What I don't want this discussion to degenerate into is yet another round of your completely irrelevant and pointless interpretations of the Abhidhamma. Take out all of the mental factors of supramundane cognition except perception and the concomitant jhāna factors and the point is the same.
Sylvester wrote:the point I want to make is that there is nothing in Logic to dictate that the Mahasi school signed up for a lifetime of Commentarial-only scrutiny, just because of their claim to adhere to the Commentaries.
When discussing the stage model of 16 vipassanā gnoses there is no other authority than the commentaries. If it isn't supported by the Visuddhimagga -- which is the authoritative source of the presentation that they're claiming to follow -- then it's just another example of wild west dhamma. In his paper Still Crazy after all these Years: Why Meditation isn’t Psychotherapy, Kearney himself says that the bar should be raised:
  • Let’s not try to fool ourselves or anyone else that we are practising the teachings of the Buddha when we follow any of these ersatz forms of Buddhism. Let’s be clear whose teachings we are putting our faith in.
As I've already said, I agree with this call to diligent inquiry. And I think that this investigation should extend to the ideas which Kearney himself attributes to the Buddha. And upon investigation, I don't see how anyone who diligently and openly scrutinizes Kearney's notion of the noble path, as quoted in the OP of this thread, can in any way shape or form place Keraney's ideas of this very important aspect of Buddhist soteriology, in the lap of the Buddha or the redactors of the Pāḷi canon. There is simply no trace of what he is telling us in the canonical Pāḷi dhamma or the Visuddhimagga, which, again, is the source of the stage model 16 vipassanā gnoses.

If Kearney was trying to describe the path and fruition stages -- which he most certainly was -- then he utterly failed. Why? Because there is no mention of any of the indicators of a supramundane path and fruition cognition in his description. Zero. None. This is a pretty glaring omission regarding the climax stage of the entire presentation written by someone who has "trained extensively in the Mahāsī approach to insight meditation." On the contrary, there is every indication in his description that he had fallen into the bhavaṅga and then mistaken this non-percipient state for nibbāna.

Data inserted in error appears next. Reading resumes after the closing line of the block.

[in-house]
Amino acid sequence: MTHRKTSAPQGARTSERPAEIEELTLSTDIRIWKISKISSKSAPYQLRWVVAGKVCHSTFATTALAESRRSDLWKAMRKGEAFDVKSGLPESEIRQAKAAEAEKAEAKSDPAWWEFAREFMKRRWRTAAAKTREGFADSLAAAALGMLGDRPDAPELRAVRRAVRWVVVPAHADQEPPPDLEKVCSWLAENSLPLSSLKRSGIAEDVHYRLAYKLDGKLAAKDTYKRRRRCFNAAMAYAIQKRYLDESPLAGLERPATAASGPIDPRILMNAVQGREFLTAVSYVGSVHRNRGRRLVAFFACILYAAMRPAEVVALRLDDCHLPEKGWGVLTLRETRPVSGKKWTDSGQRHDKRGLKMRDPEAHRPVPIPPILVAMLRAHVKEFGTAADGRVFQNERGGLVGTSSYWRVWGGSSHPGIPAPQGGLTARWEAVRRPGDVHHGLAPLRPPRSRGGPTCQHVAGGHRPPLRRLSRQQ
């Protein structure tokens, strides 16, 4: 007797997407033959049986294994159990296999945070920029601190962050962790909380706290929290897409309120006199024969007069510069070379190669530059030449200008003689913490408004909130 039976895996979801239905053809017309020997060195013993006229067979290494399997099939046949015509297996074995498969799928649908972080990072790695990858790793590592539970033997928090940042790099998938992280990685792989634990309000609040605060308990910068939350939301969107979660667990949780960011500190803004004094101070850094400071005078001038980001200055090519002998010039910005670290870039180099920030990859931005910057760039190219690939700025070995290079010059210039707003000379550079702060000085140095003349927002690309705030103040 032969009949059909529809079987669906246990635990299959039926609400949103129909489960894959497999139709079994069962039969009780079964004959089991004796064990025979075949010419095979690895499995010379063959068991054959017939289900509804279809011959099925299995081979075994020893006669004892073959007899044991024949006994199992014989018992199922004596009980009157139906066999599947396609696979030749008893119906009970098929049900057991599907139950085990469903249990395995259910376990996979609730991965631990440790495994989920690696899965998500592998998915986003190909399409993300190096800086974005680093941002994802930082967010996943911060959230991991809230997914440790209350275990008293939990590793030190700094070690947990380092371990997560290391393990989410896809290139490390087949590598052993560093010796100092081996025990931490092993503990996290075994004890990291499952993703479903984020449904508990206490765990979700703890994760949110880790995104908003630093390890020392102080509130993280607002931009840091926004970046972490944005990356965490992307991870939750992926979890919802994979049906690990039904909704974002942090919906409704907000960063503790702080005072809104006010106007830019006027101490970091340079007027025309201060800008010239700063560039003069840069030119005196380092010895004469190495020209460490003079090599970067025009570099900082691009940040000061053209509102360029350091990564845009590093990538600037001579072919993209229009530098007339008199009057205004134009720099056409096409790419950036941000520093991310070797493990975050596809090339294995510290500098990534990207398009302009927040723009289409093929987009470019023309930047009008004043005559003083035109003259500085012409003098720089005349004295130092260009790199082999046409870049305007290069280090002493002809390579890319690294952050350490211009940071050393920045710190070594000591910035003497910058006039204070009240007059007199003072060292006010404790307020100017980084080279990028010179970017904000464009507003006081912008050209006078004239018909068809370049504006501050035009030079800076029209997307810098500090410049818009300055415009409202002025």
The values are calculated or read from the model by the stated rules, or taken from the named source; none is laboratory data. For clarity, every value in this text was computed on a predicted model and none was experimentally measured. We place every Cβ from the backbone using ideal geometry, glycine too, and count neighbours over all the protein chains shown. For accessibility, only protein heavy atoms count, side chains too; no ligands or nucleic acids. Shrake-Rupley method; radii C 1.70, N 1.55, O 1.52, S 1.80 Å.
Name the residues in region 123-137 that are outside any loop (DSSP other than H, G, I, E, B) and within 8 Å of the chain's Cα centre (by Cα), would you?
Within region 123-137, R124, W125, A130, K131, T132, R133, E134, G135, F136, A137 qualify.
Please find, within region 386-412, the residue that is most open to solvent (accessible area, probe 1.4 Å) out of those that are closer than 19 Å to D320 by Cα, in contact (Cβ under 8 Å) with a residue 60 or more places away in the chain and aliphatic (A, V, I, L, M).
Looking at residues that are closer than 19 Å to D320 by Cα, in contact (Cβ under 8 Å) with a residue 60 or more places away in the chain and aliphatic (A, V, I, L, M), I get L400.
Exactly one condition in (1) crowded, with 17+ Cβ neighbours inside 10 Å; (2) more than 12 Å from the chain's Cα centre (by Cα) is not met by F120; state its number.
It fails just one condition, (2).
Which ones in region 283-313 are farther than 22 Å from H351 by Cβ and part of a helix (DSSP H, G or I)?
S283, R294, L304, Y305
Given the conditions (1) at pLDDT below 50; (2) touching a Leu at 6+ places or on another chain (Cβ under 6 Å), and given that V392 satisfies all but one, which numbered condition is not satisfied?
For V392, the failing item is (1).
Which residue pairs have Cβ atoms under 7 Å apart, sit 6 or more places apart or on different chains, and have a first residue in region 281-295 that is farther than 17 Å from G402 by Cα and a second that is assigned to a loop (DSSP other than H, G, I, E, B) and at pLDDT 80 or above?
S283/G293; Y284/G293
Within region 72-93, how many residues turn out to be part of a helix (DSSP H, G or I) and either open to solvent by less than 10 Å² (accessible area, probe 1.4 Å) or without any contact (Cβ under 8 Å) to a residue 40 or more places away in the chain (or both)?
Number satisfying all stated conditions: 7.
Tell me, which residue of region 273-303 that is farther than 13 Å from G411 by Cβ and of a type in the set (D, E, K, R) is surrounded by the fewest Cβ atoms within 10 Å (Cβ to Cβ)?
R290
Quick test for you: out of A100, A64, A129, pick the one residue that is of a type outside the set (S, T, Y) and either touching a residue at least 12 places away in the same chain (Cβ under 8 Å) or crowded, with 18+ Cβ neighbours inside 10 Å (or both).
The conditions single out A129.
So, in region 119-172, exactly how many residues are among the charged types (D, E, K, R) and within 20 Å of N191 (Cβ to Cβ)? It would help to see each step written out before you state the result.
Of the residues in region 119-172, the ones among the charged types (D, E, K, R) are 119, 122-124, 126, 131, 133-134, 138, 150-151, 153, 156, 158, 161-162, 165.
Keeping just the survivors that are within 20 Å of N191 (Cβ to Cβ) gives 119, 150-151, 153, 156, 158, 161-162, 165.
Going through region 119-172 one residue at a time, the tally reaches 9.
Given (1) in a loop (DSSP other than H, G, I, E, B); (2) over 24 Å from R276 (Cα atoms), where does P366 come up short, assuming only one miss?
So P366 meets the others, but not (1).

Kearney then uses this misguided nihilistic experience to inform his nihilistic view and then accuse teachers like Kornfield of misrepresenting Buddhism. Sorry, but this type of nihilistic extremism is just another example of wild west dhamma.

All the best,

Geoff

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Re: Concerning Kearney's "Development of Insight"

Post by Nyana » Mon Apr 25, 2011 5:20 am

Sylvester wrote:After years of harassing the folks at DSG with your criticisms of the Abhidhamma
Nonsense. I only ever posted there a handful of times and haven't been there in years. As for the rest of your assertions, they're also without merit but are completely off topic.

:focus:

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Re: Concerning Kearney's "Development of Insight"

Post by robertk » Mon Apr 25, 2011 5:44 am

Just a note to thank Nana for his patient presentation of an important issue in this thread.

While Sylvester may have a point that Nana has recently moved towards a closer agreeement with the Theravada Commentaries- and is this thread pretty much exact agreement- unlike Sylvester I find this a cause for optimism , considering that we rarely see this positive (IMHO) move in contemporary buddhist circles.